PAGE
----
Juvenile idiopathic arthritis (JIA) is a chronic inflammatory disease that can cause severe disability and even mortality with joint swelling, sensitivity, loss of motion and synovial tissue damage. JIA is one of the most common inflammatory joint disease.
Chronicity in autoimmune diseases depends on the balance between pro-inflammatory and anti-inflammatory responses. One of the main factors in achieving this equilibrium is T-cell co-inhibitor receptors, which are highly expressed by exhausted-T-cells.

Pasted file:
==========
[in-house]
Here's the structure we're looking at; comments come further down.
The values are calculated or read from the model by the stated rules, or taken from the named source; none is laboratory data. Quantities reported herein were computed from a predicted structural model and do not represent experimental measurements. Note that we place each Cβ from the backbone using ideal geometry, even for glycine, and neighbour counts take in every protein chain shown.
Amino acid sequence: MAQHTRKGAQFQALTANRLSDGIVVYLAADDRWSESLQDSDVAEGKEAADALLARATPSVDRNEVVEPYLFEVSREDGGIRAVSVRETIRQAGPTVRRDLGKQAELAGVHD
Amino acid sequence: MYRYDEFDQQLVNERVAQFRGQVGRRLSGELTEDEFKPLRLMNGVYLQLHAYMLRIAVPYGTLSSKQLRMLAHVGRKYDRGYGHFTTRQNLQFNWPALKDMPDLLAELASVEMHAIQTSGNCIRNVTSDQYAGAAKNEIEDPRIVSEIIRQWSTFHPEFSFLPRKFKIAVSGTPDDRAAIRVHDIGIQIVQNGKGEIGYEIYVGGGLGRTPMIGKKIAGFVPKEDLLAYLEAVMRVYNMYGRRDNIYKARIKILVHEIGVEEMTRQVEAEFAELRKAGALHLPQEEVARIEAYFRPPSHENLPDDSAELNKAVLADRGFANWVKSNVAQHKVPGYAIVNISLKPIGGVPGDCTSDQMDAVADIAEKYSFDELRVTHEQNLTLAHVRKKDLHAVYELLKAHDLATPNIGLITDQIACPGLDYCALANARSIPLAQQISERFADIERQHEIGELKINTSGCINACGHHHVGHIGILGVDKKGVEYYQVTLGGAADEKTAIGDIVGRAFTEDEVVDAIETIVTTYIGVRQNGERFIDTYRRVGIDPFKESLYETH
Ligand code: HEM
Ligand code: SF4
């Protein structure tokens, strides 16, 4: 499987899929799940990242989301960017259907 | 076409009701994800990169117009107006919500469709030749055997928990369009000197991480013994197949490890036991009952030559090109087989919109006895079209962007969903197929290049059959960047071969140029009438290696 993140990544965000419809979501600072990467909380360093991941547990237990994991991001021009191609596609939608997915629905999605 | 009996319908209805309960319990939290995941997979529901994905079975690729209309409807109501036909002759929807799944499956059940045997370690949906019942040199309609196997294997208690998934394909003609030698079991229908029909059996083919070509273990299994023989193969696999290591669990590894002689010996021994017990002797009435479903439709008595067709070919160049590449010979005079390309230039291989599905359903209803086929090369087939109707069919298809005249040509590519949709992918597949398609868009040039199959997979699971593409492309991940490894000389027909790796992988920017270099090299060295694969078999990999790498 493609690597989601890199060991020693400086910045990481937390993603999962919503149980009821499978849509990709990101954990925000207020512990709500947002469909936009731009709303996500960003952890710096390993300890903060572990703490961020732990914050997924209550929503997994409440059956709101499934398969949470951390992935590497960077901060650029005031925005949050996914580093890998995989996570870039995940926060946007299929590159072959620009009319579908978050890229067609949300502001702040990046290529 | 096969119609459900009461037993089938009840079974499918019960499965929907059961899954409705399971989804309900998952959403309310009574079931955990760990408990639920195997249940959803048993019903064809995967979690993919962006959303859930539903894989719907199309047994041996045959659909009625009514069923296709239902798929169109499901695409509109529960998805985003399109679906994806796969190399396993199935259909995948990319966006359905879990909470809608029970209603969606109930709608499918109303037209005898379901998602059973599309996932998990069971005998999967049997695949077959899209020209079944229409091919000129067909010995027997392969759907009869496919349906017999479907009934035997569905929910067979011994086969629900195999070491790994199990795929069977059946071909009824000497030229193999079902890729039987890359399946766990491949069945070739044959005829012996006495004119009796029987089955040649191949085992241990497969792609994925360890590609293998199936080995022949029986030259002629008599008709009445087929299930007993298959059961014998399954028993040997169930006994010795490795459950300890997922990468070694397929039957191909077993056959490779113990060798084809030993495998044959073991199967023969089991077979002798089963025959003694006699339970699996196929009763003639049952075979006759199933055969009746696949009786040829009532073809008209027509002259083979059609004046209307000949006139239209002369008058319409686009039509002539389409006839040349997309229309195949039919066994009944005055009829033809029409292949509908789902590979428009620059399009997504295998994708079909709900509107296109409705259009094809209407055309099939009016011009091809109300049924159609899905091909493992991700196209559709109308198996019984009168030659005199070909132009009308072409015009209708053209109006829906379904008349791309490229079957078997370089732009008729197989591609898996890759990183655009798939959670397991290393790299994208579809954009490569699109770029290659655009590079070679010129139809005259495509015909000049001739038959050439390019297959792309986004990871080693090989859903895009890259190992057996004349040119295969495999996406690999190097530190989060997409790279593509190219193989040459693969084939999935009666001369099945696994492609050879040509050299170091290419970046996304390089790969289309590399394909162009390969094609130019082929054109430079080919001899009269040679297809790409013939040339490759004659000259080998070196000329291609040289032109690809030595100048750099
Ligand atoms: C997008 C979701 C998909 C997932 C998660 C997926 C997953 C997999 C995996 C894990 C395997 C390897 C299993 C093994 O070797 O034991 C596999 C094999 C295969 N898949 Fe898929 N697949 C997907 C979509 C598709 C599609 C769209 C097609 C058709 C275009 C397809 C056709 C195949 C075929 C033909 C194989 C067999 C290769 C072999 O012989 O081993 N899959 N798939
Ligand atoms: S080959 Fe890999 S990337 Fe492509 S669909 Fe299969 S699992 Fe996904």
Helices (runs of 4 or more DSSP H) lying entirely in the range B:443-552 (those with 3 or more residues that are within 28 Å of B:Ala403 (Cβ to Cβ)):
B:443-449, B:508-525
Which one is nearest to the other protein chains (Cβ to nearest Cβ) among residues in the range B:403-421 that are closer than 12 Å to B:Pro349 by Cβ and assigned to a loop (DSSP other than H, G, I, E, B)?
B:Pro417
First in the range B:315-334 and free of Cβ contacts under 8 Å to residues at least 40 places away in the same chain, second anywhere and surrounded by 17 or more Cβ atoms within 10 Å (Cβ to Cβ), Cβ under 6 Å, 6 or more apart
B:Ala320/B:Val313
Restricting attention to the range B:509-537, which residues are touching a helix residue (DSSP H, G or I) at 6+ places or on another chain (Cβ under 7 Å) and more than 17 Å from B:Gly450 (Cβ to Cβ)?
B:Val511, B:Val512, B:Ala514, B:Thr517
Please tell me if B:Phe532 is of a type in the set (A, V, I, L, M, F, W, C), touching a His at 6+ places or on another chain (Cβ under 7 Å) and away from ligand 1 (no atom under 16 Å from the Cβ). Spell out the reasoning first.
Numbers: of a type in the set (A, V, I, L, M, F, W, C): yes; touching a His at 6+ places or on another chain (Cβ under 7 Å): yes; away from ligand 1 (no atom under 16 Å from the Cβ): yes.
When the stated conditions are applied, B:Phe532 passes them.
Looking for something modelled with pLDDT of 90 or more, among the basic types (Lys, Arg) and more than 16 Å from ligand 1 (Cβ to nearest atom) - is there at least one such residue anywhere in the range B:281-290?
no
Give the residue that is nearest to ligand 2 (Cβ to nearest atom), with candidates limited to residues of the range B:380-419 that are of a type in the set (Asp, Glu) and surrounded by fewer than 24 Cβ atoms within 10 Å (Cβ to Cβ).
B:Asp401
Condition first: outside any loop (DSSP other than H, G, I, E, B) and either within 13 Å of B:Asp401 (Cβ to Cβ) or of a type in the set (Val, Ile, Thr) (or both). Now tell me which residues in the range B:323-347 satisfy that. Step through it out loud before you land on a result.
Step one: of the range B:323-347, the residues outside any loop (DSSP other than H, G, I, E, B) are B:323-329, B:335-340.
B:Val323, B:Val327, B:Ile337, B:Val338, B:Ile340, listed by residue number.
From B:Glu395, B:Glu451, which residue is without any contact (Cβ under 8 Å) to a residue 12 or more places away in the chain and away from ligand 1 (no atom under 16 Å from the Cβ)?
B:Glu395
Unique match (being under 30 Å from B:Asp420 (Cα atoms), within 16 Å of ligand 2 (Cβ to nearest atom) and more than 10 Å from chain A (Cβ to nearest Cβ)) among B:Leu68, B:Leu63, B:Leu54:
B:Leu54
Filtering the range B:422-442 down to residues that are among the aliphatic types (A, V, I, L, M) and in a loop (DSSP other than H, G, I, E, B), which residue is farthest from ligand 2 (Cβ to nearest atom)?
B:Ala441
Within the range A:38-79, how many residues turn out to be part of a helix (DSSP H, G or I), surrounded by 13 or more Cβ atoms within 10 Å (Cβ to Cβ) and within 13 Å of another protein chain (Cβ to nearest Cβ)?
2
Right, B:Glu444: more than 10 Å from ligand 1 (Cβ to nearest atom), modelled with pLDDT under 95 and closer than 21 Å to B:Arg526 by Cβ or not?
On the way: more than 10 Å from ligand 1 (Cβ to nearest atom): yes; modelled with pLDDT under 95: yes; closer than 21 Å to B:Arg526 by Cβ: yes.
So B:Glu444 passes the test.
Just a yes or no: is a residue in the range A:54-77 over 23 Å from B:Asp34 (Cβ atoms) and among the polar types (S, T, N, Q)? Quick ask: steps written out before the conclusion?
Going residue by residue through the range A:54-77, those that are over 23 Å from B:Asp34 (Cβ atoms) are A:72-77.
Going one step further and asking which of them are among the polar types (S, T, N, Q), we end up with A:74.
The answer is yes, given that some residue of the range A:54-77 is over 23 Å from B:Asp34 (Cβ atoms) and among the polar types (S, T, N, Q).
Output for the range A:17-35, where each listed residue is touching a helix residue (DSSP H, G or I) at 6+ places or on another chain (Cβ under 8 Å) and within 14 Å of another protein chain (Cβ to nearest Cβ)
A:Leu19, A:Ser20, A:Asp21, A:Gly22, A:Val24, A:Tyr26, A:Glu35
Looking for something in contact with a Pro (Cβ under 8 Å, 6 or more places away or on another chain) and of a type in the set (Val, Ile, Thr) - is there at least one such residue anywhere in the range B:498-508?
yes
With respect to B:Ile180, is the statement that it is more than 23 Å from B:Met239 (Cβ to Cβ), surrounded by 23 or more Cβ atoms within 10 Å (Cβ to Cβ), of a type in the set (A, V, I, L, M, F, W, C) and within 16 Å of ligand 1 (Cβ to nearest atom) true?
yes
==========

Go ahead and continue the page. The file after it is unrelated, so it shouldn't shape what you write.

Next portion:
Previous studies revealed that T cells play an important and central role in the pathogenesis of especially the oligoarticular and polyarticular forms of the disease. We aim to define the role of T cell co-inhibitory receptors (co-IRs) for predicting the outcome of JIA and try to find a novel therapeutic target molecule.